This New Year’s offering marks a year and a half of blogging. Inspired by the courage of the women I love most, my daughter and my mother, I embarked on a voyage of my own. As my daughter traveled half way around the world and my mother prepared to leave this world for another, I catapulted myself into cyberspace and your lives.
Often my husband asks me “Julia, what’s the point. So you write these poems and stories. What is your purpose?” “My purpose,” I answer, “is always to tell.” I Sing a Song for the Abused Child, the One No One Wants to Hear, was the first poem, written in the wee hours of the morning of December 12, 1998. And so this writing started and never stopped. Perhaps you’ve noticed that every post is dated, timed and signed as a medical note, signifying each entry as a testimony to truth. We must each start by honoring our truths as best we know, never shunning our stories. This is what I do daily when I listen, when I write and when I paint. This is what you must do also.
I wrote this post in 2012 but delayed publication because of fear. My articles about sexual abuse get over one hundred hits in a single day. 1 in 3 girls and 1 in 4 boys are searching for information, stories and answers about their sexual abuse. Surely, each of us is seeking solutions to stem the epidemic of sexual intrusion into children’s lives-both digital and physical. Hope, recreated with the birth of baby Jesus is renewed every Advent season. May you find both hope and healing in these words and images.
May your holidays be joyous and you and your loved ones safe,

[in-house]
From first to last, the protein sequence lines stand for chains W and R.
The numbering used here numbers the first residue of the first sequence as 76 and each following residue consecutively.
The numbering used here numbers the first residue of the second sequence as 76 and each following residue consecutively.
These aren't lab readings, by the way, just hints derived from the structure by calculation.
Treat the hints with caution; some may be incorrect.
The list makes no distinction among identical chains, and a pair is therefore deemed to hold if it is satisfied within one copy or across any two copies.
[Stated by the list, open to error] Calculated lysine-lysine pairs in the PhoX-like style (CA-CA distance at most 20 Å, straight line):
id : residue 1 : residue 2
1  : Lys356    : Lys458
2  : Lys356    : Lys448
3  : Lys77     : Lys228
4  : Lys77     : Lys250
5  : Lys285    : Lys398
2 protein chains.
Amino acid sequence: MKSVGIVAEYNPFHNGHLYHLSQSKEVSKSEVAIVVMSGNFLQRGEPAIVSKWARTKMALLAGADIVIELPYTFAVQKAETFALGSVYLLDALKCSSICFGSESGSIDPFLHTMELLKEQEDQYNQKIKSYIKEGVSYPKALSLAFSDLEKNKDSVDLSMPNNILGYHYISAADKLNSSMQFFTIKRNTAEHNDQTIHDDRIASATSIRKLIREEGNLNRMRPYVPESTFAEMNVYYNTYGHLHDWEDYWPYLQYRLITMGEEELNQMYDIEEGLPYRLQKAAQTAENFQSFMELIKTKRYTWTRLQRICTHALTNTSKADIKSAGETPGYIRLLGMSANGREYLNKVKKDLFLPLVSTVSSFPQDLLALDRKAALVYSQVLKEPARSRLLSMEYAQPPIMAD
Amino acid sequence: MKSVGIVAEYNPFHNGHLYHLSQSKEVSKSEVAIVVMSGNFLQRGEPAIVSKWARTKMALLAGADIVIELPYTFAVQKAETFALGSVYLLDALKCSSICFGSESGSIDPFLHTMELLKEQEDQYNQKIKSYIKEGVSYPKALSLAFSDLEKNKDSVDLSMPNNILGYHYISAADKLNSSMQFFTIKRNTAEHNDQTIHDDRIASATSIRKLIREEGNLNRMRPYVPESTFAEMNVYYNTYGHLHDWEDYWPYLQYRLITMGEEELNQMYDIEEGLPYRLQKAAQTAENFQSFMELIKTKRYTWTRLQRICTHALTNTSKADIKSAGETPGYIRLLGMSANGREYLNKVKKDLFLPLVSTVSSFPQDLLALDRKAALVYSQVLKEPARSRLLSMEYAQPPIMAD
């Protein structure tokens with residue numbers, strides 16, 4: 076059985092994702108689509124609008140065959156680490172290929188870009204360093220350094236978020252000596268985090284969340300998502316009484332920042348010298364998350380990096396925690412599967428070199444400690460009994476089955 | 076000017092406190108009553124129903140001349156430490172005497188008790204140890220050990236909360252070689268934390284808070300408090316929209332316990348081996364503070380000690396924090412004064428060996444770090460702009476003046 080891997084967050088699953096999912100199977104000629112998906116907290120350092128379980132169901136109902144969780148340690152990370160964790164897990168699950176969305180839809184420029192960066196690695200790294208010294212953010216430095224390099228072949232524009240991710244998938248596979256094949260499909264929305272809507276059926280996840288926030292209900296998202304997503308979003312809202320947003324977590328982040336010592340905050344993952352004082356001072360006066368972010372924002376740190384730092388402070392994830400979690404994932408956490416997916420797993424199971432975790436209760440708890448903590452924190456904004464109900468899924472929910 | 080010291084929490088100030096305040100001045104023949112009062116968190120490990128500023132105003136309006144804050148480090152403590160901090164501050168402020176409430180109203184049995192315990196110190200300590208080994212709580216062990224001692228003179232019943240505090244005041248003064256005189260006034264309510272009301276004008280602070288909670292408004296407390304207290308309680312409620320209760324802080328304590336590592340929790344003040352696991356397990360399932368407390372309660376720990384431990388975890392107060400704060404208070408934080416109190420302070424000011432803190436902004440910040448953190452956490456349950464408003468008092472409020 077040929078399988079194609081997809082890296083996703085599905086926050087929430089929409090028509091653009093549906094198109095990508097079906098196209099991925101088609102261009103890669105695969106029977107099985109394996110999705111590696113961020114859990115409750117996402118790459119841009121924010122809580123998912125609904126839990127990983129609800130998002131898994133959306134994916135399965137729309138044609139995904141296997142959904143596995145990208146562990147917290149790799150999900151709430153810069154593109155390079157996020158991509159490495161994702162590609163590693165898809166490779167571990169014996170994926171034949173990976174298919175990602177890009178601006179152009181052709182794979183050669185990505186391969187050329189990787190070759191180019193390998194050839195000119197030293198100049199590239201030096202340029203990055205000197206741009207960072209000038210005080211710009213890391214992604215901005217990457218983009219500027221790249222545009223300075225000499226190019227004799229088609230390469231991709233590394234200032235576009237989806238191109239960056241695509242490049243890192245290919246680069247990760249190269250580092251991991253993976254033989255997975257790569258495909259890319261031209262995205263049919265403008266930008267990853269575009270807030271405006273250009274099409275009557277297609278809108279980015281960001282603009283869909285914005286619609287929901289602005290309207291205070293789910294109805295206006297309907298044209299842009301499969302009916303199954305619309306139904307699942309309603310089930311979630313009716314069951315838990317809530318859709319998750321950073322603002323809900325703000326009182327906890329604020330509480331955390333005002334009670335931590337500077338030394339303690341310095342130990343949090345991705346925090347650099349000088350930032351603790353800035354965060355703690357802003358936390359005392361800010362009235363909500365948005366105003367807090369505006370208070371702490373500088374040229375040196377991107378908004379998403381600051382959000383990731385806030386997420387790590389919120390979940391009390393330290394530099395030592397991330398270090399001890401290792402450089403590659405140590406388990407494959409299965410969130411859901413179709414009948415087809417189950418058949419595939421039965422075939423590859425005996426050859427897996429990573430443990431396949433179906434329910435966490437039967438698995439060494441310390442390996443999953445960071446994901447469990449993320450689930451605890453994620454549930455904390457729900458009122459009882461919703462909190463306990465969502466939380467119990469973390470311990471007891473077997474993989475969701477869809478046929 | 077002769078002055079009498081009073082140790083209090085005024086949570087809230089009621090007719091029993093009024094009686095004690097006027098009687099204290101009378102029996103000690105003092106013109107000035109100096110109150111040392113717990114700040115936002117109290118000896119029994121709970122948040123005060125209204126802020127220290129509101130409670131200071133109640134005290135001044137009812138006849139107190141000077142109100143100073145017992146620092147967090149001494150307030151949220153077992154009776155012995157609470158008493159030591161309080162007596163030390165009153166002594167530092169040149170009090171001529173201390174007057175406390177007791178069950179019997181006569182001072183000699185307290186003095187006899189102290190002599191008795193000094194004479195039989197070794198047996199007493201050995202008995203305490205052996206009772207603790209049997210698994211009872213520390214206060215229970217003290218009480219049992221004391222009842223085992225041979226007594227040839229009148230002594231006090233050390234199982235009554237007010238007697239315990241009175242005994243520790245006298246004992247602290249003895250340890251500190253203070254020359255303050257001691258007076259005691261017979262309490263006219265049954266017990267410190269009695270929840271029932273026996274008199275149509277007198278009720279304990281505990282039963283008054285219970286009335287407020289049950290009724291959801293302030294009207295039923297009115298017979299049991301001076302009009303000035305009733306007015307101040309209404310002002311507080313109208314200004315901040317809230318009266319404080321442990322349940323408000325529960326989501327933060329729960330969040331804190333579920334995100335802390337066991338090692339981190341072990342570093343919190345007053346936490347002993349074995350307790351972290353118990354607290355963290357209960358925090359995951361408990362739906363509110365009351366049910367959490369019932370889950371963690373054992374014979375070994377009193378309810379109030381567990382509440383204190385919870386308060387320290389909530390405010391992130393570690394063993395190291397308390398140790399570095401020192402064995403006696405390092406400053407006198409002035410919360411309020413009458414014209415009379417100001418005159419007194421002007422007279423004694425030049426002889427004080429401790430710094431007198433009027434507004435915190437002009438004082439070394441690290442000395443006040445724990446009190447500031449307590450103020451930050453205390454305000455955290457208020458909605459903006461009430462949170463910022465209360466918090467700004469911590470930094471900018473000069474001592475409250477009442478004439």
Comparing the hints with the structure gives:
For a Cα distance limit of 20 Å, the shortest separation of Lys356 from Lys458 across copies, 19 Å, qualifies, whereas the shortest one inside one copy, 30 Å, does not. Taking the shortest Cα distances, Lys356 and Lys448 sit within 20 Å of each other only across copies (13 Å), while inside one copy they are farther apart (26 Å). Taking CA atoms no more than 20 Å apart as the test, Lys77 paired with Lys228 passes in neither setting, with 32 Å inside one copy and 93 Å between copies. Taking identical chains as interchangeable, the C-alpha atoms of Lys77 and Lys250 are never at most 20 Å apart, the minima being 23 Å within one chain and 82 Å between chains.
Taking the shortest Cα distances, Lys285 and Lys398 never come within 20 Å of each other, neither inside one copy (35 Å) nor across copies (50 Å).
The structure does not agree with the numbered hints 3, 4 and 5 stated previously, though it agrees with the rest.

I haven’t written for the blog recently because sometimes I get stuck. This time I am stuck because there are so many things I know I can not write. Secrets I have learned from patients and sometimes friends and family. There are things I have in my head that I would like to write about but I’m not allowed to disclose. It makes for a complicated life, spending your day listening to children tell secrets that often the whole world needs to know but that you can’t tell, because of confidentiality. Telling the parent instead, who usually doesn’t believe or if they do believe, can’t imagine their life going forward and so they deny. Here is something that’s happened once or twice or is that hundreds of times?
A young male, Terrance discloses sexual abuse by a female. The female adult, Jeanette, is a friend of the family and helps out with childcare and shopping. The parent listens and immediately starts accusing. “That’s a lie, you know that’s not true, you a liar, why you a liar?” Usually it’s the mother because most single parents seem to be women. And I sit there, listening to both accusers. My heart sinking partly because this is going to take a lot longer than the time allotted for a brief med evaluation, I’ll get behind again, way behind, and partly because it looks like the child is going to be held at fault once and over again.
The mother wants to know, if this happened months ago, why now? “Why didn’t you tell me last month when it happened? What are you telling now?” she screams in his face. And the child says, quietly and with dignity, “Because this is how I knew you would act. I knew you wouldn’t believe me and you would go crazy. I knew it would be huge deal.” And she yelled, “I’m going to tell, I’m going over there now and tell them the lie you giving us.” Screaming so loud that the childcare worker across the hall came running to see if we were alright.